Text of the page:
You think you have it hard, try being a sports marketer
The fall sports season is upon us. College football is in full swing, professional football has already had a few headlines, and European soccer has produced the leaders of the league. All we need now is for the National Hockey League to get their stuff together, hammer out a deal, and get the season underway. So with the majority of fall sports under way, we now get to observe all the new marketing and advertising campaigns dreamed up over the off-season, along with some damage controlled public relations that usually make excuses for athletes’ bad behavior.
What is tremendously interesting to me it how these individual sports teams, their leadership, and marketing and advertising teams try to keep up with a product that is ever changing. In a normal marketing and advertising campaign, a product’s unique selling proposition(USP) doesn’t really change on a regular basis (if ever). There are certain attributes associated with that product that are used in promotion differentiating it from its competitors. In a traditional market, a company will focus on that USP, build their corporate identity around it, while developing all their marketing and advertising tactics to support that USP. That kind of strategy is difficult enough when dealing with one product. Professional sports teams have an even tougher time since their product (the team) changes every season, if not every week during that season. As the owner of a marketing agency in sports-crazed Denver (and a huge sports fan myself), I always wondered how they meet that challenge and what strategy they employ to make sure their customers (the fans) are consistently engaging with the team, its products, and brand.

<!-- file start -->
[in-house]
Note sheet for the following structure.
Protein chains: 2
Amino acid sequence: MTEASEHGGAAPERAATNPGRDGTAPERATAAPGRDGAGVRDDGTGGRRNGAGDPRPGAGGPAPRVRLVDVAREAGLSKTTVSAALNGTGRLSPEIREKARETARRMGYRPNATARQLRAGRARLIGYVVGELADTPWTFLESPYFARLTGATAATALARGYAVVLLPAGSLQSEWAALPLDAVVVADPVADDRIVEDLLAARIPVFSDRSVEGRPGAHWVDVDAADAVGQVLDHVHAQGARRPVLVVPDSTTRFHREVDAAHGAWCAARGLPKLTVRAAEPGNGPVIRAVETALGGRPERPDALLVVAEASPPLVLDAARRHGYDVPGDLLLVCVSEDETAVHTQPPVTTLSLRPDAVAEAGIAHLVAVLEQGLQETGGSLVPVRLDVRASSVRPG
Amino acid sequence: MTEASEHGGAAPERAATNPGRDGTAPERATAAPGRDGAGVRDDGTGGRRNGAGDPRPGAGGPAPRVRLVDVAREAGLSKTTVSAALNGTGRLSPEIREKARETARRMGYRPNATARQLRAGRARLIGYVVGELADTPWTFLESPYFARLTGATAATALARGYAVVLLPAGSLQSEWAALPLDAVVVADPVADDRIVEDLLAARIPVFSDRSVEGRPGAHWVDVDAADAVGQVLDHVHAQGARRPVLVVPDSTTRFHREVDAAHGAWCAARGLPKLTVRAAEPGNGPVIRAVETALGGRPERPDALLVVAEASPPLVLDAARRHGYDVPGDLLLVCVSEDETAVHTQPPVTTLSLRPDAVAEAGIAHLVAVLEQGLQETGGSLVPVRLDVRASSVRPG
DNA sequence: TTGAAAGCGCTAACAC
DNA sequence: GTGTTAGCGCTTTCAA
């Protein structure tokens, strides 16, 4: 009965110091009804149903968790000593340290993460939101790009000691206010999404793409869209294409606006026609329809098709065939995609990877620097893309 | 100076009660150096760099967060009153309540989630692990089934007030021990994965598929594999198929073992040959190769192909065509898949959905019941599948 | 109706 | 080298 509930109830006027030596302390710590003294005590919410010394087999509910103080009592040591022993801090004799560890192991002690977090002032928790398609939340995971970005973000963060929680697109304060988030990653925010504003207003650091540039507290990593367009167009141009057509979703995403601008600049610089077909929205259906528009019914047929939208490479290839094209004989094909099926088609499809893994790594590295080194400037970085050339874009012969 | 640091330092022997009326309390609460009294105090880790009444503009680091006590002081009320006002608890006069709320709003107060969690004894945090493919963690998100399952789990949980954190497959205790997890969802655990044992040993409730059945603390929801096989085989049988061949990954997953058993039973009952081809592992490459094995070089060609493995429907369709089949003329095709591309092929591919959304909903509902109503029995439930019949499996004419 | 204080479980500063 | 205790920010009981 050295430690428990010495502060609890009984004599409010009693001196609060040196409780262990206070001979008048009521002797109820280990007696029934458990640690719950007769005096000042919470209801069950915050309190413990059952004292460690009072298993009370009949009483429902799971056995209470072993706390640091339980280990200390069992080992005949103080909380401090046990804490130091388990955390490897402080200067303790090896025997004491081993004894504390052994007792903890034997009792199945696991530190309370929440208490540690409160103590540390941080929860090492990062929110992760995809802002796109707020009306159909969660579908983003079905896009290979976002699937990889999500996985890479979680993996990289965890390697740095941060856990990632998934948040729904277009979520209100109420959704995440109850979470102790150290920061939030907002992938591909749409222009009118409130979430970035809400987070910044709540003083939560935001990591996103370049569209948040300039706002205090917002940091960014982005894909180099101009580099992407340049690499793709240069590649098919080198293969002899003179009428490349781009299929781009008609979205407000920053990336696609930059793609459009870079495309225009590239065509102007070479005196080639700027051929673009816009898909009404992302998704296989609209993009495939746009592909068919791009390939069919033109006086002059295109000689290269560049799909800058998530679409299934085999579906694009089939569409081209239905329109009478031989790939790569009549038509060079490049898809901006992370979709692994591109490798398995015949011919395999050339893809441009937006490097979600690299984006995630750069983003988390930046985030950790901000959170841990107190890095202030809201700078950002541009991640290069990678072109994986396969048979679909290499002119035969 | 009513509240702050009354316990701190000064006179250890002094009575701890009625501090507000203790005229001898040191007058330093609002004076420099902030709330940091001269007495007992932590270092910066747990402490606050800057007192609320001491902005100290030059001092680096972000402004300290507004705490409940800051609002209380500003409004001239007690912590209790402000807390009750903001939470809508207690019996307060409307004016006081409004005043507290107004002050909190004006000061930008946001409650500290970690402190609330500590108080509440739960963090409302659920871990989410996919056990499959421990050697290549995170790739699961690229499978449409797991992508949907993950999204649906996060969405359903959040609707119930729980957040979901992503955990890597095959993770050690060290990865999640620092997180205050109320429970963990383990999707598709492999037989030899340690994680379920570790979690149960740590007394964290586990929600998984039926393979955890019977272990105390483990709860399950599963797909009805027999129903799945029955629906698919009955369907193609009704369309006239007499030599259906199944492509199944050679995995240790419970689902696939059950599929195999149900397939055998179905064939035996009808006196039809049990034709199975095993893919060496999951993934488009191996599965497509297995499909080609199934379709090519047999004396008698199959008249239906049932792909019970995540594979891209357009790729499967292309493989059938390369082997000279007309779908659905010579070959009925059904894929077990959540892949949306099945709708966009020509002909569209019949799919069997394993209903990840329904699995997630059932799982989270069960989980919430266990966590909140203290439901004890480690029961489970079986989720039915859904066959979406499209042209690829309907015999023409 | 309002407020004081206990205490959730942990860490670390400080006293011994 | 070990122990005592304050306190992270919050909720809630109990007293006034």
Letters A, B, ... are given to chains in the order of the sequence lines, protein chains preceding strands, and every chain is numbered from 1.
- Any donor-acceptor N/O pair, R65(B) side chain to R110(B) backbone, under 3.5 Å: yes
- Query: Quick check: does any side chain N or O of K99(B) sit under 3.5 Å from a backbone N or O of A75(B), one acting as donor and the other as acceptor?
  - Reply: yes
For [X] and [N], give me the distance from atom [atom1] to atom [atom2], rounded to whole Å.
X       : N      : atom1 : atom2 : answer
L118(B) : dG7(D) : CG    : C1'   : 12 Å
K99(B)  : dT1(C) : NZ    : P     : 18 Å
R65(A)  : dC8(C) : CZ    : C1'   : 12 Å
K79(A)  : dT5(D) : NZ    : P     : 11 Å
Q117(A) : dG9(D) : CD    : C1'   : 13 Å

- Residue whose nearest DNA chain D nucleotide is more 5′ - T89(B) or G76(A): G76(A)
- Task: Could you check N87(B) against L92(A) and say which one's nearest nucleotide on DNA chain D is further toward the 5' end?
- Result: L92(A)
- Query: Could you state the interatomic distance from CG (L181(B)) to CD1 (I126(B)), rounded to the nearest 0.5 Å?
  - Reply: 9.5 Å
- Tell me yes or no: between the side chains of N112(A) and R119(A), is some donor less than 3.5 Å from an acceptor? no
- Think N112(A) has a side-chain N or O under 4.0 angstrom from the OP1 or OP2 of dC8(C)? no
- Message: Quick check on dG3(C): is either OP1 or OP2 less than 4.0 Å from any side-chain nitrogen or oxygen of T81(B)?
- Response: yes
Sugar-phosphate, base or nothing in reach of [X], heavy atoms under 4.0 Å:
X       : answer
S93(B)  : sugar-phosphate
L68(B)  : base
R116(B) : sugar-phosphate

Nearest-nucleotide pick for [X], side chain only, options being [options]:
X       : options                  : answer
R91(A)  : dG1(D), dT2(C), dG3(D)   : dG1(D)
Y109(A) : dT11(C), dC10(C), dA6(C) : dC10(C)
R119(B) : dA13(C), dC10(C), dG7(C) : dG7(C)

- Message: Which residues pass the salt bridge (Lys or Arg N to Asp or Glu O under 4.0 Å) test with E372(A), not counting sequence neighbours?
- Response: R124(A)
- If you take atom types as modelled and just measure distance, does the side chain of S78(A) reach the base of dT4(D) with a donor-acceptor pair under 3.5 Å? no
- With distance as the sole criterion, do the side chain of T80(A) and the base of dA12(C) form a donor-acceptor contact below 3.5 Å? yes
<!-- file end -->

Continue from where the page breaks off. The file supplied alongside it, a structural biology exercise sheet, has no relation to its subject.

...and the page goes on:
If a team is not winning, that can significantly affect revenue. This is an obvious statement that most people (fans and non fans alike) can recognize strictly by watching a home game on television. So how do sports teams connect with their fan base when the team isn’t successful? I spoke with Jeff Jacobsen, VP of Commercial Operations of the Colorado Rapids and he said, “Our club’s results produce intensely emotional responses from all our fans, from casual to hardcore, so we know that the most effective way to market the Rapids is to put a winning team on the field. However, winning is never a guarantee, so we must continually promote our club with consistency and transparency, allowing our fans to connect with the team and participate in the match experience.” I couldn’t agree more. Traditional small businesses should take a page from Jeff’s playbook and concentrate on the connection he has with his audience.
Jeff went on to say, “While the emotional connection translates to brand strength and loyalty, we must always provide a brand experience that stays committed to future development (and championships!) and leverages our positive history. We’re committed to serving our diverse, passionate supporter base by providing the best fan experience possible, from match-day through the offseason.”
I can attest to the success of the strategy utilized by the Rapids. They have a loyal and dedicated fan base that devoted through thick and thin. In addition, the relatively new front office of the Denver-based soccer club has attracted a new fan base that attends matches because of the emotional and experiential features developed over the last couple of years. This approach can make certain a long term, successful and profitable club will be here in Denver for years to come. And I, for one, wish them all the success in the world.
Adam O’Leary, President